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Luning Liu

Dr Luning Liu

Dr Luning Liu

Research Fellow

Interests and expertise (Subject groups)

Grants awarded

Unveiling structural assembly and regulation of cyanobacterial carboxysomes

Scheme: University Research Fellowship

Organisation: University of Liverpool

Dates: Oct 2013-Sep 2018

Value: £453,166.26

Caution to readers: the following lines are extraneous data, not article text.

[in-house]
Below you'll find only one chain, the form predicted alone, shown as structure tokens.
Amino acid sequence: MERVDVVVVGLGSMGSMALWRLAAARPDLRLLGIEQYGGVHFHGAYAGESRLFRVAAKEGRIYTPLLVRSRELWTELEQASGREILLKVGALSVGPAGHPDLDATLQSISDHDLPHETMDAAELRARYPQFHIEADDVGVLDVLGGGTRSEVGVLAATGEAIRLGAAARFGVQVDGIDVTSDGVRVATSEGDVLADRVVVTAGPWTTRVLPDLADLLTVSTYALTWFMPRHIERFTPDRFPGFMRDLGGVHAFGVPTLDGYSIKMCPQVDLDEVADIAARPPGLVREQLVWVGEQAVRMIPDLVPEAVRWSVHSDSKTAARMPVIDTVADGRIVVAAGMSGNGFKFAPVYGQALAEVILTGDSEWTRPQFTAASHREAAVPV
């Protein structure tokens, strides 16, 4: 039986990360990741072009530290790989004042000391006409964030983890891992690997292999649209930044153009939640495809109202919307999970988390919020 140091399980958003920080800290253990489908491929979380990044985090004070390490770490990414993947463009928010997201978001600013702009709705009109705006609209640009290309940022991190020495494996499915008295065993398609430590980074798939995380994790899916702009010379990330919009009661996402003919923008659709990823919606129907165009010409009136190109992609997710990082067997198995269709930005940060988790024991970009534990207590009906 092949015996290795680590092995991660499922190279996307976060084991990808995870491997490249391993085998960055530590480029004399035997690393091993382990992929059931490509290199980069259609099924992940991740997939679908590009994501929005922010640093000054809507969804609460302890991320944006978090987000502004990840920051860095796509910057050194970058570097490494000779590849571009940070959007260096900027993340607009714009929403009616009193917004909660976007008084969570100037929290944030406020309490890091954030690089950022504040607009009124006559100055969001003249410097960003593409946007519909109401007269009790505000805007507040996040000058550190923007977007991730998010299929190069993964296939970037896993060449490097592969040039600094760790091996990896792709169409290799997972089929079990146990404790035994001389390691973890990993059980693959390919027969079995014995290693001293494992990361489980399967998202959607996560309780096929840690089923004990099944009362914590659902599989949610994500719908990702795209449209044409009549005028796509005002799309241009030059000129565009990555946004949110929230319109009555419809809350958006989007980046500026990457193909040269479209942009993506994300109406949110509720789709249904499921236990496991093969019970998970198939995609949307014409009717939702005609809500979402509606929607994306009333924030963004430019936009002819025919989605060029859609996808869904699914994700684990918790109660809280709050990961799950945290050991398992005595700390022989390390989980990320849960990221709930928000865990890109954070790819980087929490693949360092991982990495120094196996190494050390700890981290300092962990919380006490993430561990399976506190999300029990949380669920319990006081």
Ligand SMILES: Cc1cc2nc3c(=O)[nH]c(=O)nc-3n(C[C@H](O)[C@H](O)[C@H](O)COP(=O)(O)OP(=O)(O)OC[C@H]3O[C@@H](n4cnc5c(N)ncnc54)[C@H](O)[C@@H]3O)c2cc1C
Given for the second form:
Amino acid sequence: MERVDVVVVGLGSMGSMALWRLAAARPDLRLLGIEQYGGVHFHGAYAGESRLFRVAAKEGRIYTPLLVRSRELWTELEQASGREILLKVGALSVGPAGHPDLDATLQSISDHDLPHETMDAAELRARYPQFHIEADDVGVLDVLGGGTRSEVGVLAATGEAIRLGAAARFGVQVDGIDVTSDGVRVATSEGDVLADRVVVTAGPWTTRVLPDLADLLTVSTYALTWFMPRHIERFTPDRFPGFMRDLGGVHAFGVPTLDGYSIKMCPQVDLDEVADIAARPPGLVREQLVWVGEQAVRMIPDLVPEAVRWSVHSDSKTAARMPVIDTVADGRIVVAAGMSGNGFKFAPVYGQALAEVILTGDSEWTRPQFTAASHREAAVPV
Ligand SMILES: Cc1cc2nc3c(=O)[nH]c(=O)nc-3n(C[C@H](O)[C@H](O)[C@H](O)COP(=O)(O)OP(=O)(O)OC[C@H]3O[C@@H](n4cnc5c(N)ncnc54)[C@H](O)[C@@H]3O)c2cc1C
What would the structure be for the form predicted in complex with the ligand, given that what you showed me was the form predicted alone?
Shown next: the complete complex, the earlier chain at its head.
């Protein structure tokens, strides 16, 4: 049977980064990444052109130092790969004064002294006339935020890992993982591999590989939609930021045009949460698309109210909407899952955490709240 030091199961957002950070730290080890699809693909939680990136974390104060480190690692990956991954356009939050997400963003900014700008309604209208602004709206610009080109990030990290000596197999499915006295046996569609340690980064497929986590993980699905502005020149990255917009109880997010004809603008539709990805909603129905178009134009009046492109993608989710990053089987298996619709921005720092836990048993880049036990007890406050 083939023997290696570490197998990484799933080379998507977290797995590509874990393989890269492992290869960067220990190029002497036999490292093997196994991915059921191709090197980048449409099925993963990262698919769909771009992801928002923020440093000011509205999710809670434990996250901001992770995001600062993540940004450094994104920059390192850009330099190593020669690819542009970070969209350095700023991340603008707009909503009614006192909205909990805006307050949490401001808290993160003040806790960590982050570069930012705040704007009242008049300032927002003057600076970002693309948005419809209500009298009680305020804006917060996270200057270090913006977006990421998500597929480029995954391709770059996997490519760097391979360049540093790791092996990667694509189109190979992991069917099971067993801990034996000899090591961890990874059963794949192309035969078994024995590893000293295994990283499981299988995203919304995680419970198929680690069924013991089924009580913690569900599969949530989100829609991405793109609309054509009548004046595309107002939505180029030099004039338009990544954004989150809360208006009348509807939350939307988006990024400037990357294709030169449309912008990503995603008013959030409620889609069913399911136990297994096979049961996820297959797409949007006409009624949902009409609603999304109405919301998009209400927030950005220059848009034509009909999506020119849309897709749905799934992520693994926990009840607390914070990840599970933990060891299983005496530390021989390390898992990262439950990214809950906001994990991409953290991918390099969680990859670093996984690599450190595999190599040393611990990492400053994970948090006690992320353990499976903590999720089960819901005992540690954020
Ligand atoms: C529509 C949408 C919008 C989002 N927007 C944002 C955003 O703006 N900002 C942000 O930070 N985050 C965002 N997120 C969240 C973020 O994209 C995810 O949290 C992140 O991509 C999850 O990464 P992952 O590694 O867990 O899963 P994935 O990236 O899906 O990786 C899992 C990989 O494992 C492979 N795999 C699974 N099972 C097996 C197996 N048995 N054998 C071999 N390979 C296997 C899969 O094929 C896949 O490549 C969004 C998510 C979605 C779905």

Summary: Luning Liu conducts pioneering research concerning the molecular basis of protein assembly and regulation of bacterial microcompartment. Cyanobacteria created and help to sustain our oxygenic atmosphere, and account for an estimated 20-30 % of current global carbon fixation. They enhance their carbon fixation using small compartments called carboxysomes. These internal biological “factories” are filled with key enzymes for carbon fixation, which are surrounded by a protein-based shell. In this project, he will use a unique microscopy technique, termed atomic force microscopy (AFM), to scan the shell surface. This will elucidate how the different shell proteins are packed to form a closed shell. Using genetic mutation to delete one group of shell proteins, he will focus on the function of the shell proteins in maintaining the shell structure. Using confocal microscope, he will examine the physiological changes of the locations and development of carboxysomes in the cell under different growth conditions. This project will lead to new knowledge of the carboxysomes. Profound understanding of carboxysome formation, function and regulation will reveal cellular strategies used by cyanobacteria in response to environmental stress, and help with engineering of carboxysomes for improved photosynthesis and carbon fixation. The knowledge and technology developed in this work will have broad applications across the whole field of bacterial microcompartments and cell physiology. There is currently emerging interest in the potential of photosynthetic microorganisms for food and energy production. The discoveries from this project will provide the toolbox for bioengineering of artificial biological “factories” for specific synthetic purposes, for example supercharging photosynthesis in chloroplasts of crop plants. Thus, the knowledge acquired from this work will have a profound impact, in translational terms, on global food and energy security.

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